Shared learning database

Yorkshire & Humber Academic Health Science Network (AHSN)
Published date:
April 2018

The New Faecal Calprotectin Care Pathway, developed by Dr James Turvill, Consultant Gastroenterologist at York Teaching Hospitals NHS Foundation Trust, and implemented by the Yorkshire and Humber AHSN, supports the implementation of NICE guidance DG11, for the detection of inflammation in the bowel (i.e. IBS vs IBD). Uptake of this guidance has previously been poor and the specificity of the test has caused an increase in unnecessary referrals to secondary care.  

The NICE guidance includes a research recommendation which states: Further research is needed on the impact of faecal calprotectin testing on clinical decision making when added to current practice. This includes research into optimal cut off values for tests and the investigation of repeat testing strategies in people with intermediate levels of faecal calprotectin. Development of a consistent definition for the 'intermediate range' is encouraged.

The pathway increased the recommended cut off level and optimised the patient pathway to identify real savings to the health economy. Risk assessment tools and a pack of resources support GPs to use their clinical judgement on whether a referral is necessary. This has resulted in better patient experience, reduction in the number of unnecessary referrals and a reduction in costs to the health system. More detail on the project is on the AHSN website:

Does the example relate to a general implementation of all NICE guidance?
Does the example relate to a specific implementation of a specific piece of NICE guidance?


Aims and objectives

The cut off for the faecal calprotectin (FC) assay mentioned in the NICE Guidance (50µg/g) was found to increase the number of referrals to secondary care as the specificity at that cut off was not sufficient to prevent a high number of patients with IBS being unnecessarily referred to secondary care.

This new pathway addressed this issue by increasing the cut off to 100µg/g and placing risk assessment figures to support GPs with their clinical decision on when and how to refer a patient. This aims of the pathway were to 1) reduce the pressures in secondary care for endoscopy services and gastroenterology outpatient appointments (by reducing the number of unnecessary referrals), 2) improve the patient experience by supporting quicker diagnoses and enabling those patients who could be treated in primary care to do so 3) provide cost saving benefits for the health economy.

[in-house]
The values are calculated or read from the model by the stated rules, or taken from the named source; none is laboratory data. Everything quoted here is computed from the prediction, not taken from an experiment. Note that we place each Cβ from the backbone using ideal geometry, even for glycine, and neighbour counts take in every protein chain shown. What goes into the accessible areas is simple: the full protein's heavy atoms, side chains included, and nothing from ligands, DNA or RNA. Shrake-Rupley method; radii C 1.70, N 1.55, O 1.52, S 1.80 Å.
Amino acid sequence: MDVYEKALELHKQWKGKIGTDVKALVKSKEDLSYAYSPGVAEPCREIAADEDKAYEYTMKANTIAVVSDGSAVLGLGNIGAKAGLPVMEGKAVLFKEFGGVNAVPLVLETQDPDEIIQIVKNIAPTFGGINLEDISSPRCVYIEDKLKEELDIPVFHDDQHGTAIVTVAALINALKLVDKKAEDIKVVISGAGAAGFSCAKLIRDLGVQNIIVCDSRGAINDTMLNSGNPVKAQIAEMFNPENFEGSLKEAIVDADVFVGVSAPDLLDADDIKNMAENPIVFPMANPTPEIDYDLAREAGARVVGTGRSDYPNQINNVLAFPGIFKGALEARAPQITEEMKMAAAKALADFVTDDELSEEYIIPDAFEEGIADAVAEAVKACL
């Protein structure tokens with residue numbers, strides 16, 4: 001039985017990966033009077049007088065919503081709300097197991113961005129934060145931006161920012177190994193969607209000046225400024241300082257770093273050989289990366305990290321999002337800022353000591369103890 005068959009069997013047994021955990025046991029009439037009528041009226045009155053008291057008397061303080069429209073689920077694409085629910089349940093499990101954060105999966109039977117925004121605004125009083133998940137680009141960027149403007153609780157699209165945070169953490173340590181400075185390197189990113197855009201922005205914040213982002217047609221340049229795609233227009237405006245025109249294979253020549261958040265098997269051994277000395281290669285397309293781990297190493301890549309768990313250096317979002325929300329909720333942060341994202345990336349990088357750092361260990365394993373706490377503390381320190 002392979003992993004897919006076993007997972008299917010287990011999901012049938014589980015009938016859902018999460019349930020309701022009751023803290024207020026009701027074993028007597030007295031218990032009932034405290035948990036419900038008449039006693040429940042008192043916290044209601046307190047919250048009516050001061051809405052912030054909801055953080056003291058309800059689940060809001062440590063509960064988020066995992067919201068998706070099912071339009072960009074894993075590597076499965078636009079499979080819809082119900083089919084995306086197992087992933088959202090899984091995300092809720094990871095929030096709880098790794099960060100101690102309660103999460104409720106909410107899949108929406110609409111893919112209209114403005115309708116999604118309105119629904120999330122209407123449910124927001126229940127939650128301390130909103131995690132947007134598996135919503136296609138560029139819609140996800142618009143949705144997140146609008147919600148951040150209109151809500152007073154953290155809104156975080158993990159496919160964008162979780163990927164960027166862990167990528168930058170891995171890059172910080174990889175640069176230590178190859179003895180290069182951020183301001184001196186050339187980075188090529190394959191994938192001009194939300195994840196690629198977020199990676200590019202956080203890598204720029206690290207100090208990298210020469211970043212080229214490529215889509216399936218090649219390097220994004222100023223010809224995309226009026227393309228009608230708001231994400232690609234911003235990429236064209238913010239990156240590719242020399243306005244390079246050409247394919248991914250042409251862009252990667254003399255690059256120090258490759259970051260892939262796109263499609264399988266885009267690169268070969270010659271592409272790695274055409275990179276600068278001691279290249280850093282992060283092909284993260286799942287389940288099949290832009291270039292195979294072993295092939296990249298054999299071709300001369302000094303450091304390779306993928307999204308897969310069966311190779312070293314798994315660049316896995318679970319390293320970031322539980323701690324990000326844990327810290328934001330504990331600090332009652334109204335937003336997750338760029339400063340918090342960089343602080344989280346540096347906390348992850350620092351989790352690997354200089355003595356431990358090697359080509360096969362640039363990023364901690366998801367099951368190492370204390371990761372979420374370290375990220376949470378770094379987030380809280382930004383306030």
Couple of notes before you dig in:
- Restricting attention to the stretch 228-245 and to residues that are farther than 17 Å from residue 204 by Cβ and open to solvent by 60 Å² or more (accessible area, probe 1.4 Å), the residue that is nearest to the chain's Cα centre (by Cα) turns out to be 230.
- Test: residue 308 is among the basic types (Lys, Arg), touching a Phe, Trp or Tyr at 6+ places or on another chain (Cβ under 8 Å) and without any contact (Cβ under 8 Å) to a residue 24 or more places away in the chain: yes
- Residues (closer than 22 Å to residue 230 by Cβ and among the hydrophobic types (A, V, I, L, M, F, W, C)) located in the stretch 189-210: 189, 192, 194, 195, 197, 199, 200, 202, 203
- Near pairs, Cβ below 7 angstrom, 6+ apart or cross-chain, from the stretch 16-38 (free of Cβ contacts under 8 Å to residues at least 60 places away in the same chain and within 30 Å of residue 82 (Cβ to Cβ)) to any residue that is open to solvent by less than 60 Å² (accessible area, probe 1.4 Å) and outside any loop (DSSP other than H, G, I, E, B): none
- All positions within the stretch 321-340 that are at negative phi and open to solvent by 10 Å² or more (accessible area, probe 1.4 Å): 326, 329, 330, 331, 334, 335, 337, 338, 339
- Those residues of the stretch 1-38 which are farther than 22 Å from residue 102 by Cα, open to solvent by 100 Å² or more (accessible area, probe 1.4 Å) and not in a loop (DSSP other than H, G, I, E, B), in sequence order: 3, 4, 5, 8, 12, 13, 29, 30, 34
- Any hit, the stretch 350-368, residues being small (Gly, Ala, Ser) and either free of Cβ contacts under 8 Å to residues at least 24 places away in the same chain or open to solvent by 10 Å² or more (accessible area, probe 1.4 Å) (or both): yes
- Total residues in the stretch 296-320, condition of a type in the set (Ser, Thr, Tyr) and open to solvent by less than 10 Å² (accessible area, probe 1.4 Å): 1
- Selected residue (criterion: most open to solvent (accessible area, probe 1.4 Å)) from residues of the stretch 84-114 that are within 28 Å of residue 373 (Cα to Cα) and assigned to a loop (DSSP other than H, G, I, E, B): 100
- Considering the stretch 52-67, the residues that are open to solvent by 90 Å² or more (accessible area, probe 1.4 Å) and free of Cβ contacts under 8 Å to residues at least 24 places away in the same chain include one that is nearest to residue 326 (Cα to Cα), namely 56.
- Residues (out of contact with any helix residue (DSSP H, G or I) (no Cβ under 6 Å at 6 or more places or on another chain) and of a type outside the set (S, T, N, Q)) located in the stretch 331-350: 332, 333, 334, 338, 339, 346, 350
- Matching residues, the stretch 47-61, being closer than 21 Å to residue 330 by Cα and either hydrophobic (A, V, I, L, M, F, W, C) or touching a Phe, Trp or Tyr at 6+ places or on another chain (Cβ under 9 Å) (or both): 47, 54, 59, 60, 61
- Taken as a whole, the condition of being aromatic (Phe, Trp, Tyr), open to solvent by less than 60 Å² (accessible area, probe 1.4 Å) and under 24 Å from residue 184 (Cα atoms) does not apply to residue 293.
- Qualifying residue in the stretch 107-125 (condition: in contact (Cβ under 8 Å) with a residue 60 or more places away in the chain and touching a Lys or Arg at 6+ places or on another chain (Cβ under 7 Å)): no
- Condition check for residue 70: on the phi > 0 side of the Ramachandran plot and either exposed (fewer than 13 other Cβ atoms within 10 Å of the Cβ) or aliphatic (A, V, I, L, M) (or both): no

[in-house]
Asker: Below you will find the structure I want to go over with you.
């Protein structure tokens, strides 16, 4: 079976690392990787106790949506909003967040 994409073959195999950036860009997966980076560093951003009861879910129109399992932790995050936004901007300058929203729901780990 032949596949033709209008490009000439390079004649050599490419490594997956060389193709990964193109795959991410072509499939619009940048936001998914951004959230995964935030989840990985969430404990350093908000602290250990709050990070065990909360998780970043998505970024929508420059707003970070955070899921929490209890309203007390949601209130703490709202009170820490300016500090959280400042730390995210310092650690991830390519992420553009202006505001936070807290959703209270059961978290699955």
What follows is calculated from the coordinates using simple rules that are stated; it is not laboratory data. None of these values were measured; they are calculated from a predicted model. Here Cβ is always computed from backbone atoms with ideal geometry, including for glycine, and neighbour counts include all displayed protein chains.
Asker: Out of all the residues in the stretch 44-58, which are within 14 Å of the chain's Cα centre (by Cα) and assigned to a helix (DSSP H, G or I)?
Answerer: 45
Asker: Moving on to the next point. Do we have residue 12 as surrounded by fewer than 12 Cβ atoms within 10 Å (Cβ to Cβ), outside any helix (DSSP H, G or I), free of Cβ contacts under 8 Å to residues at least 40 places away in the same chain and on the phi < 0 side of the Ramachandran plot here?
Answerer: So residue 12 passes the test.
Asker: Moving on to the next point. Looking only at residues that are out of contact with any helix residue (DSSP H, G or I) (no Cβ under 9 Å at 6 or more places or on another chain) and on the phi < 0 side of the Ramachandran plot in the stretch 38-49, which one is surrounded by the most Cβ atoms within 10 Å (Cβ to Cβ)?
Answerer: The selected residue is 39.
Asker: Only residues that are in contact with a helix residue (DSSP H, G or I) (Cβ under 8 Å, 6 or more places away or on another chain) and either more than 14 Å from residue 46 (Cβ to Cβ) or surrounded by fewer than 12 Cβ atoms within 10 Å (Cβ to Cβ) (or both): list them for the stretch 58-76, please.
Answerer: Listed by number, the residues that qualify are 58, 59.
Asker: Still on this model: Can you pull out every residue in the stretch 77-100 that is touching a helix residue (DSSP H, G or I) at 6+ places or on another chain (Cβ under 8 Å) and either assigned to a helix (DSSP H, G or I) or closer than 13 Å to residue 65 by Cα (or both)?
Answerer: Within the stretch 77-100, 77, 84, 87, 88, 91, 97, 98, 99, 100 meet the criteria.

Using a series of supporting documentation and educational support to primary care, there has been an adherence to the pathway of at least 85% which is significantly more than previously (the pathway previously used in Leeds had an adherence of 11%).

This pathway was rolled out initially in York with the aim to spread to the rest of the Yorkshire and Humber region. To date, it has been implemented in 9 CCGs (240 GP practices) and the AHSN has facilitated the scaling up of implementation to other regions such as South Tees, Oxford, Bristol and Exeter.

The AHSN took part in a national task and finish group for the spread of FC diagnostic tests and this pathway formed the basis of the national algorithm which is planned for launch in 2018. This was working with professionals from around the country and included NHS England, NHS Business Services Authority, Trusts, CCGs, GPs and AHSNs.

This example was a runner up finalist in the 2018 NICE Shared Learning Awards.

Reasons for implementing your project

In 2010, Dr Turvill led a programme to devise and implement a structured care pathway for the use of FC testing in primary care. This was designed to overcome the challenge of the high sensitivity but poor specificity of FC tests and to ensure it focused on delivering an improved patient experience and better use of NHS resources.

In 2014, the pathway was piloted as part of a NICE adoption project in 5 GP practices in York. Evaluation on completion demonstrated its safety and effectiveness and a GP survey confirmed trust and support in the pathway. A patient survey was also completed to confirm the patient experience was improved through the implementation of this pathway.

Following on from the pilot, the AHSN knew there would be benefits to the whole Yorkshire and Humber region and worked with Dr Turvill to create a risk assessment tool (pathway) to support GP clinical decision making when there is diagnostic uncertainty. This built upon the previous research which increased the cut off level to 100µg/g and included placing risk assessment figures to support clinical judgement.